The 60-year history of this tension -- and today's renewed precautions against aiding terrorists by releasing technical information about weapons of mass destruction-- is the subject of a talk Meade gave Saturday at the annual meeting of the American Association for the Advancement of Science in Denver.
"The quest for classified records stimulates the imagination of historians who assume that the most interesting facts are hidden under the guise of secrecy," Meade said.
Many historians and journalists are unaware that the process of declassifying historic records began shortly after the Manhattan Project completed their work and has continued in waves up to the present day.
The creators of the first bomb initially required secrecy because they feared that information about their research might help Germany develop an atom bomb. The success of Soviet espionage at Los Alamos during and just after World War Two drove home the need for stricter and codified secrecy, as well as security clearances for those who worked there.
The 1945 publication of the official history of the Manhattan Project, known as the Smyth Report, established limits on what could be said about the wartime work and became a best seller, in large part because the Soviet Union bought an estimated 1,000 copies. The report was followed by Atomic Energy Commission efforts, led by senior scientists, to promote publication of individual research.
There have been several large-scale declassification efforts over the years, based chiefly on the assumption that if the government puts enough information into the public domain, researchers will have enough material to satisfy their interests and they will accept that their government believes in openness," Meade said.
Meade terms these efforts by the Atomic Energy Commission and the Department of Energy, "supply-side" declassification.
"Supply-side can only go so far to satisfy the historians, journalists and students, because the good stuff never will get declassified," Meade said. "Supply-side efforts only provide marginal improvement in the relationship between the government and the research community."
In fact, historians showed little interest in the history of Los Alamos until the early 1970s, Meade said. Then, three societal issues created a major shift in scholarship, and began a significant, sustained tension between historians and journalists and the government's systems for protecting classified technical information. The Cold War arms race and its specter of nuclear apocalypse made ordinary citizens more interested in atomic weapons, and the Vietnam War and Watergate created a general distrust of government and a belief in the evils of secrecy, he said.
"Despite the fact that huge numbers of documents had been declassified, scholars grew increasingly frustrated and even militant in their attempts to gain access to technical information that clearly must remain secret," Meade said.
Two recent targeted declassification efforts at Los Alamos -- the Human Studies project of 1994-95 and a current dose reconstruction project by the Centers for Disease Control and Prevention -- have received much public and media attention. However, the vast majority of the documents identified through these exhaustive and costly searches had been declassified and released years earlier, Meade said.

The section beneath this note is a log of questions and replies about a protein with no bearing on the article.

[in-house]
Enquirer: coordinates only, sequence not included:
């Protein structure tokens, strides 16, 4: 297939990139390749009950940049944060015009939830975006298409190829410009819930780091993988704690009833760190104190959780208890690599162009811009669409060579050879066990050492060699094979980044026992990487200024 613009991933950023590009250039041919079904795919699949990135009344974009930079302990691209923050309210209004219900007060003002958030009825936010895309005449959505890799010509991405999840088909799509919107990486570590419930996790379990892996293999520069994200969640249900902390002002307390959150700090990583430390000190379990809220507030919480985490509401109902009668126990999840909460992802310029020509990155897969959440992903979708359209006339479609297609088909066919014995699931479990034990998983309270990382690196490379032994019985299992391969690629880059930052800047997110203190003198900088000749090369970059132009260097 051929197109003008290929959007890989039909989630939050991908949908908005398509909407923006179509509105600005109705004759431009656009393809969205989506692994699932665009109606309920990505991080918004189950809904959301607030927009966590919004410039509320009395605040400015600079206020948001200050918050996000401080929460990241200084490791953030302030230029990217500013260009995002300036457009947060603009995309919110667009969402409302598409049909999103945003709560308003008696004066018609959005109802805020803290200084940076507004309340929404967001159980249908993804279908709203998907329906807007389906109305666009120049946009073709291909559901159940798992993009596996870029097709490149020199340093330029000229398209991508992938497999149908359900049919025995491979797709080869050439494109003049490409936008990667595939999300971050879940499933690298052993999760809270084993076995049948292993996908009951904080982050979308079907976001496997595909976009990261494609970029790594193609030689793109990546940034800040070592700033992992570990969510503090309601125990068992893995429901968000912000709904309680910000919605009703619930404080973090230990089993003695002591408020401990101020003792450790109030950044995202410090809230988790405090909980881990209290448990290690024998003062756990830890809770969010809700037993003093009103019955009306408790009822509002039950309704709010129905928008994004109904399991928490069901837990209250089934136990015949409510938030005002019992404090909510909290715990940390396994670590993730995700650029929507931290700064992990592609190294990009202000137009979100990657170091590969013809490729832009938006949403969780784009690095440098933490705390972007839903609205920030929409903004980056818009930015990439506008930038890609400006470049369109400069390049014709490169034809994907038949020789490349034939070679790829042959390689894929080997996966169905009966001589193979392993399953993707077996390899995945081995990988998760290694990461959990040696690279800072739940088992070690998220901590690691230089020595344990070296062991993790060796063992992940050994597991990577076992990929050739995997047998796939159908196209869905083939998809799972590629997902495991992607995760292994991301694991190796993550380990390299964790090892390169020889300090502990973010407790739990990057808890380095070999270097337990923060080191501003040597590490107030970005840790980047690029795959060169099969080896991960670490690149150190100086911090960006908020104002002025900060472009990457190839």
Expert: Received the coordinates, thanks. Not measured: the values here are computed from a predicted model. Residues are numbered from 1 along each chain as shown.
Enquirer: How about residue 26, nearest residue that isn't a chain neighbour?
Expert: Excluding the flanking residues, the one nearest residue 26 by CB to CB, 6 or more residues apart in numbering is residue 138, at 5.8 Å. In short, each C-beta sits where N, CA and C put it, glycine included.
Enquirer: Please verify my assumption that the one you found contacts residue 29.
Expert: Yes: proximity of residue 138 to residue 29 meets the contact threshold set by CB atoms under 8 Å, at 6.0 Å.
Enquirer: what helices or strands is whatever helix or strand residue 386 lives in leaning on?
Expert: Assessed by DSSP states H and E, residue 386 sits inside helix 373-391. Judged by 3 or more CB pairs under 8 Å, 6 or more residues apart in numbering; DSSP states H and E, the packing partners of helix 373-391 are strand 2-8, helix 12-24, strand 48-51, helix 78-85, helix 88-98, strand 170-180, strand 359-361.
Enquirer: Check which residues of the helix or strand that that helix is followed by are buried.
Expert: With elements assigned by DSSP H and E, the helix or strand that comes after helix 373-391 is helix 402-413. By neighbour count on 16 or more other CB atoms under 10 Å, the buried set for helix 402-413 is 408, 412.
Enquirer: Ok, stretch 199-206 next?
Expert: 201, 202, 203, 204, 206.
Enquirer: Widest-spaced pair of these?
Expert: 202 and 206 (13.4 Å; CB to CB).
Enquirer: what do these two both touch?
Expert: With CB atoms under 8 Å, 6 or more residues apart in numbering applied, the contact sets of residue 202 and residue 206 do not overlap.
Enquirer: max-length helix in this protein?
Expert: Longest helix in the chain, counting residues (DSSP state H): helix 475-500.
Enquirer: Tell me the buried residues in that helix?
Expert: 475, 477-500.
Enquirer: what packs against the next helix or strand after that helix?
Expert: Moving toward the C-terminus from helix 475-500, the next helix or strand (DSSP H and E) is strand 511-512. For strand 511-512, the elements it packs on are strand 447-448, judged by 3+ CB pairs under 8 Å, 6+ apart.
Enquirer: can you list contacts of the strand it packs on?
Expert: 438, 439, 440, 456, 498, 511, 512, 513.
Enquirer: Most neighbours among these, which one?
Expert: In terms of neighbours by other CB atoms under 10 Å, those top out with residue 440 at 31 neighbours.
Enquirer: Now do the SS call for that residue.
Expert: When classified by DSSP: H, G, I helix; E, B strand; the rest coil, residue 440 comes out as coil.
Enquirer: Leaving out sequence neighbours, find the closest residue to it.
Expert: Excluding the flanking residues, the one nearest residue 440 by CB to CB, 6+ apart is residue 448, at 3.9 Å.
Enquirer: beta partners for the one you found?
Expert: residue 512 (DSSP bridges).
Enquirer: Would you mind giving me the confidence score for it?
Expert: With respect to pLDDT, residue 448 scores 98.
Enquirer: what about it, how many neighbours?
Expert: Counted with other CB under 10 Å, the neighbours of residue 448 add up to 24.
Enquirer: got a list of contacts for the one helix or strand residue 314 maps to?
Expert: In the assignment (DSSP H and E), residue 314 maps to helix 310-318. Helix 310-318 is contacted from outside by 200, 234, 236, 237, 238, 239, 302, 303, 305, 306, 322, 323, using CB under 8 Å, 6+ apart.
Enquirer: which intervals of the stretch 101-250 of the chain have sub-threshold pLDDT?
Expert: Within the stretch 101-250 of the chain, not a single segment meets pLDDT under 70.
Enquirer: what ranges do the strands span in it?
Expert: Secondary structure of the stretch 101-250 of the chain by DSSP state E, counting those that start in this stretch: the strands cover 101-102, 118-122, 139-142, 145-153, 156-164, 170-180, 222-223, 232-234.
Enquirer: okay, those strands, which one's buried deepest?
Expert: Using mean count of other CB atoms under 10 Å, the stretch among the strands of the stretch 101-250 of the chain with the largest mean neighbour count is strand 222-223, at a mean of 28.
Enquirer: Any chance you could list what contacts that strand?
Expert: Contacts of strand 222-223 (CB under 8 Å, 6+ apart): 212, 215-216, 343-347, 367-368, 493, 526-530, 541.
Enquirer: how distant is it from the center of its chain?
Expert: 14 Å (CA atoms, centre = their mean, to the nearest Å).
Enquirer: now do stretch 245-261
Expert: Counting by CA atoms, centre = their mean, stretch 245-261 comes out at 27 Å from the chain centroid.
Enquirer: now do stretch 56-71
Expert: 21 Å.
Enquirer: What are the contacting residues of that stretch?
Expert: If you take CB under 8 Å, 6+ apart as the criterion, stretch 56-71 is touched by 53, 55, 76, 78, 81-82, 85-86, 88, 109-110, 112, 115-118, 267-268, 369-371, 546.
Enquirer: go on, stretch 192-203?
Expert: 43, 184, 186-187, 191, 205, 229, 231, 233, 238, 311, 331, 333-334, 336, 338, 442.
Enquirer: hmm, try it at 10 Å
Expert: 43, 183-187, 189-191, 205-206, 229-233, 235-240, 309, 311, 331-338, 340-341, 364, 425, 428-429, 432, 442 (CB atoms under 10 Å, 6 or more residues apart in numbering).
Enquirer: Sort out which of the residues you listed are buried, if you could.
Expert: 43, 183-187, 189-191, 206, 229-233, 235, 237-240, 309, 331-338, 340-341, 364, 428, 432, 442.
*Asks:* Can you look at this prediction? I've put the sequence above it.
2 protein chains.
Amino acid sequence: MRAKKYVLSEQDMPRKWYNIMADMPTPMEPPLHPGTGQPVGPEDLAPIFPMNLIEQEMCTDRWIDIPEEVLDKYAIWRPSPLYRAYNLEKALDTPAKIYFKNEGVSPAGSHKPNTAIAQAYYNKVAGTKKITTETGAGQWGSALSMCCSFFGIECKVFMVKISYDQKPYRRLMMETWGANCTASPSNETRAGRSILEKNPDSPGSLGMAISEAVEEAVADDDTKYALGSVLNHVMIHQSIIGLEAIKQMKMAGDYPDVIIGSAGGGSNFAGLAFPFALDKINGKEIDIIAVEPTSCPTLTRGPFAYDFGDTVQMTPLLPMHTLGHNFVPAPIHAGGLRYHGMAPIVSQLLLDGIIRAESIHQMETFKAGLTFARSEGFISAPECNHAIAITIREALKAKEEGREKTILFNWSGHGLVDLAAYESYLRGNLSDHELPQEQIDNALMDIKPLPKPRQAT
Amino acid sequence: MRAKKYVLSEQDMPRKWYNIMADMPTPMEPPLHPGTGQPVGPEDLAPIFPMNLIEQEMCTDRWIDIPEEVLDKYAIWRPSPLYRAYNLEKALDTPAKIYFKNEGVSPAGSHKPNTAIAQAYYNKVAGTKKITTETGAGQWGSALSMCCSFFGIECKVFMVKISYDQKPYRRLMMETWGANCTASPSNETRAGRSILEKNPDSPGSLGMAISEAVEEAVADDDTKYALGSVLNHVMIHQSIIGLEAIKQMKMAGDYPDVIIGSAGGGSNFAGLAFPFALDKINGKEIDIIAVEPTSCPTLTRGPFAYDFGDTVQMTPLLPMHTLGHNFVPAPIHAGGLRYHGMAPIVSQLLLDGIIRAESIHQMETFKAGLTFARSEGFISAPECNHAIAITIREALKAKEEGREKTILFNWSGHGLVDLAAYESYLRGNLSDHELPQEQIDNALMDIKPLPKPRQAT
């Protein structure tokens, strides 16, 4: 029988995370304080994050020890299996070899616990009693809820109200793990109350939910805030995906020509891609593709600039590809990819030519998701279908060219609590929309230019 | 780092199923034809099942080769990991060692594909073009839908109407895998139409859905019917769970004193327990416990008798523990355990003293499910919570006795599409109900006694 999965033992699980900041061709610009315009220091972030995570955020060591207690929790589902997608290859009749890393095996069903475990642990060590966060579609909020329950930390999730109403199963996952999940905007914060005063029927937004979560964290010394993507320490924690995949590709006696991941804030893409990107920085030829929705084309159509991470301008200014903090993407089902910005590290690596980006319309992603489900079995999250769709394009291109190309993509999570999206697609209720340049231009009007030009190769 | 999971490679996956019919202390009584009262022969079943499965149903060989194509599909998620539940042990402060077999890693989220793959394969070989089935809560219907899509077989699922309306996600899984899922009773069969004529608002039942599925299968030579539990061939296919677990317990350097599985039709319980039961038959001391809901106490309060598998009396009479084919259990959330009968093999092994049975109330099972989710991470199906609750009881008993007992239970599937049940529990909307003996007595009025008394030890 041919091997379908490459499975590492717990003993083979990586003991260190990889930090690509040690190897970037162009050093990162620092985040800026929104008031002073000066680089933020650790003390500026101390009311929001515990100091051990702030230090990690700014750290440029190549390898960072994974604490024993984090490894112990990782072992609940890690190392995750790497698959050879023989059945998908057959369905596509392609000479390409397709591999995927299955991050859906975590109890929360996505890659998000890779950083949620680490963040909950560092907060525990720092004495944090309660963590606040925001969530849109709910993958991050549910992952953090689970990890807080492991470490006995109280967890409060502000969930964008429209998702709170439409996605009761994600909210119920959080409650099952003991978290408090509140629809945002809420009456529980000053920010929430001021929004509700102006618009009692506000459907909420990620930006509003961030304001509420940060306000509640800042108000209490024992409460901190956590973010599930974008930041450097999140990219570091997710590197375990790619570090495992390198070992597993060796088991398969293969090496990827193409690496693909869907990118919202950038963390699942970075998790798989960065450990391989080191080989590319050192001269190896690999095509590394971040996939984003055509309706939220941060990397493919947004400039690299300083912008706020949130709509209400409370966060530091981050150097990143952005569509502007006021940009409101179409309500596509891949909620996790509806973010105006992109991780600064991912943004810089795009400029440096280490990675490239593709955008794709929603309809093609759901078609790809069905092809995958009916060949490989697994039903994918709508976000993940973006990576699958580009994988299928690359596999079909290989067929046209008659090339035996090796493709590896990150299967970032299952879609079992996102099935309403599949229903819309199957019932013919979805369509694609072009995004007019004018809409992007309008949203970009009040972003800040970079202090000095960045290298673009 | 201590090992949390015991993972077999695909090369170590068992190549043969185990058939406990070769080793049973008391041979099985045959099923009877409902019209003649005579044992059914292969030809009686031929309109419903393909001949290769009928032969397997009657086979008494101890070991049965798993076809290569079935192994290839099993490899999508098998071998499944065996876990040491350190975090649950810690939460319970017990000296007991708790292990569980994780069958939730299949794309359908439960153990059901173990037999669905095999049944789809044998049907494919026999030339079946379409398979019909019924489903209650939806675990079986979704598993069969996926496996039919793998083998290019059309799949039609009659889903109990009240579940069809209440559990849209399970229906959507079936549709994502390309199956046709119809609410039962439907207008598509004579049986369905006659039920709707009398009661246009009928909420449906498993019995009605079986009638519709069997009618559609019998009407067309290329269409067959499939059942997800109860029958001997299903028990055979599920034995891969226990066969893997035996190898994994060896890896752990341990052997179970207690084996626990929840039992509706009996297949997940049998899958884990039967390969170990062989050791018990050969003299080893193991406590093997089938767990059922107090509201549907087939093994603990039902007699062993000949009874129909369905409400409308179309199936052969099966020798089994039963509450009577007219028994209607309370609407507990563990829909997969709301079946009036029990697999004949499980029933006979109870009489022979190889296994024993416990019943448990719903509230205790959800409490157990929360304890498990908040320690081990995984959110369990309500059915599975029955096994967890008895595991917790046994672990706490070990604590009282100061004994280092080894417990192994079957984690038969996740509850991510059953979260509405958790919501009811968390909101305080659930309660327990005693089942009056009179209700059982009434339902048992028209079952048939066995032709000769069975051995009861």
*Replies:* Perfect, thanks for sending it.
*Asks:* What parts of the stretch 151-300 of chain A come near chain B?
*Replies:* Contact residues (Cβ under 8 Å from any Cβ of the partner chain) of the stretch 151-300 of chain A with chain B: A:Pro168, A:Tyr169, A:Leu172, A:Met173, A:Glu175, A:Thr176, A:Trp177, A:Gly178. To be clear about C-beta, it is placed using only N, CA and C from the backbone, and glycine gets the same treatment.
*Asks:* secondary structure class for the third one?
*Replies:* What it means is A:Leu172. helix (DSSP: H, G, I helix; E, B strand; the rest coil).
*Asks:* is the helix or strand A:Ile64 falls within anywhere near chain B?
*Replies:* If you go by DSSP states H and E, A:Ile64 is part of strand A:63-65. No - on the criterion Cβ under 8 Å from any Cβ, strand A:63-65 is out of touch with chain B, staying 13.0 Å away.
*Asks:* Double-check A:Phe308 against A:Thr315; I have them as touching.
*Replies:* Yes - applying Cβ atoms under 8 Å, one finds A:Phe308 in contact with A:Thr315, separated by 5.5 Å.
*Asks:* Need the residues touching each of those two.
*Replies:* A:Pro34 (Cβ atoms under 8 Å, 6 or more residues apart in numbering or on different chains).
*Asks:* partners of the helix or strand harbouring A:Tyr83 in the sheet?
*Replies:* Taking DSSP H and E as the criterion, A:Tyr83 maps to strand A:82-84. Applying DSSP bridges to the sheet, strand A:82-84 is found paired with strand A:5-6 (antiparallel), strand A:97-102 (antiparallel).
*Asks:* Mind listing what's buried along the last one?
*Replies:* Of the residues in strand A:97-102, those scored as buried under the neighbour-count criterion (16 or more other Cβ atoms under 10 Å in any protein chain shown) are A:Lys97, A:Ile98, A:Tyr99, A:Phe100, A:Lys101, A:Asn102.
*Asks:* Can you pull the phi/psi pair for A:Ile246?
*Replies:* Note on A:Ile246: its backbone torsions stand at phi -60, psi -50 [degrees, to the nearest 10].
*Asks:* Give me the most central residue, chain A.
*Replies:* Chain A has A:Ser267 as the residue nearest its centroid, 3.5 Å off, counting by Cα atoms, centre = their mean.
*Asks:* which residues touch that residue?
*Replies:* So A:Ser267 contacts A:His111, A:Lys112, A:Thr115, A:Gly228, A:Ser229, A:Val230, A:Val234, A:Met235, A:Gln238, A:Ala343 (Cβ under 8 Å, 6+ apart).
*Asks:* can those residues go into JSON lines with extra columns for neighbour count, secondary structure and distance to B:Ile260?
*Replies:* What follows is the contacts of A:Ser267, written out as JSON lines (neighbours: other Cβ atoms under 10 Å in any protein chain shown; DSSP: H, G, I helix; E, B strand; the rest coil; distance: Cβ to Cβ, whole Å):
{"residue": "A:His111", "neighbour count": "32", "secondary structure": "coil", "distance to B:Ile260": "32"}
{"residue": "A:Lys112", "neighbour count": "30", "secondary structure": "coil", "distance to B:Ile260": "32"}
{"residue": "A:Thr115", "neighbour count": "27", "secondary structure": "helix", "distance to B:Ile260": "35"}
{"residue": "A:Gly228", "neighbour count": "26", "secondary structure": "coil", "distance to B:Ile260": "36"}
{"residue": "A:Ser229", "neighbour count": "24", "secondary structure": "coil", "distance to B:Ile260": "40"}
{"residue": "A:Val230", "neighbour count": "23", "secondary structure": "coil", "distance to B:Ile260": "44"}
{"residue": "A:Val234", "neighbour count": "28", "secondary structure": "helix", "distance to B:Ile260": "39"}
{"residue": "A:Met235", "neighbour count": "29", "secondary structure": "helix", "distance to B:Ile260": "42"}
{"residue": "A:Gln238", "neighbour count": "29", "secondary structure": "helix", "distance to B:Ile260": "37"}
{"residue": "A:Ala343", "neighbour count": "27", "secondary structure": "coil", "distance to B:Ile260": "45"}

Such projects have the similar, admirable goal of ensuring a comprehensive knowledge of the impacts of government work on worker and public health, but as long as even one record remains classified, researchers will complain that the whole truth is hidden. Even the Freedom of Information Act, designed to provide a "demand-side" method of access to government information, is universally disliked. Locating records, multiple classification reviews, and removing classified phrases or pages can take years. Scholars and journalists dislike the long delays and the fact that the FOIA creates a level playing field where all document requests receive equal, if slow attention; government institutions dislike the FOIA because of its enormous costs, which aren't reimbursed by Congress in the institutional budgets.
"Although we are trained as historians and work as advocates for historical scholarship, we face the very real threat of prison if we fail to meet our basic obligation of protecting classified records, Meade said. "Scholars almost never ask what public interest would be served if the technical details of nuclear weapons were published, nor do they debate how terrorists or rogue states might make use of those details."
Meade holds out little hope that the tension between secrecy and scholarship will ease, but recommends the government continue to treat declassification thoughtfully and deliberately, given the nature of the technical information that is classified.
Los Alamos National Laboratory is operated by the University of California for the National Nuclear Security Administration (NNSA) of the U.S. Department of Energy and works in partnership with NNSA's Sandia and Lawrence Livermore national laboratories to support NNSA in its mission.
Los Alamos enhances global security by ensuring safety and confidence in the U.S. nuclear stockpile, developing technologies to reduce threats from weapons of mass destruction and improving the environmental and nuclear materials legacy of the cold war. Los Alamos' capabilities assist the nation in addressing energy, environment, infrastructure and biological security problems
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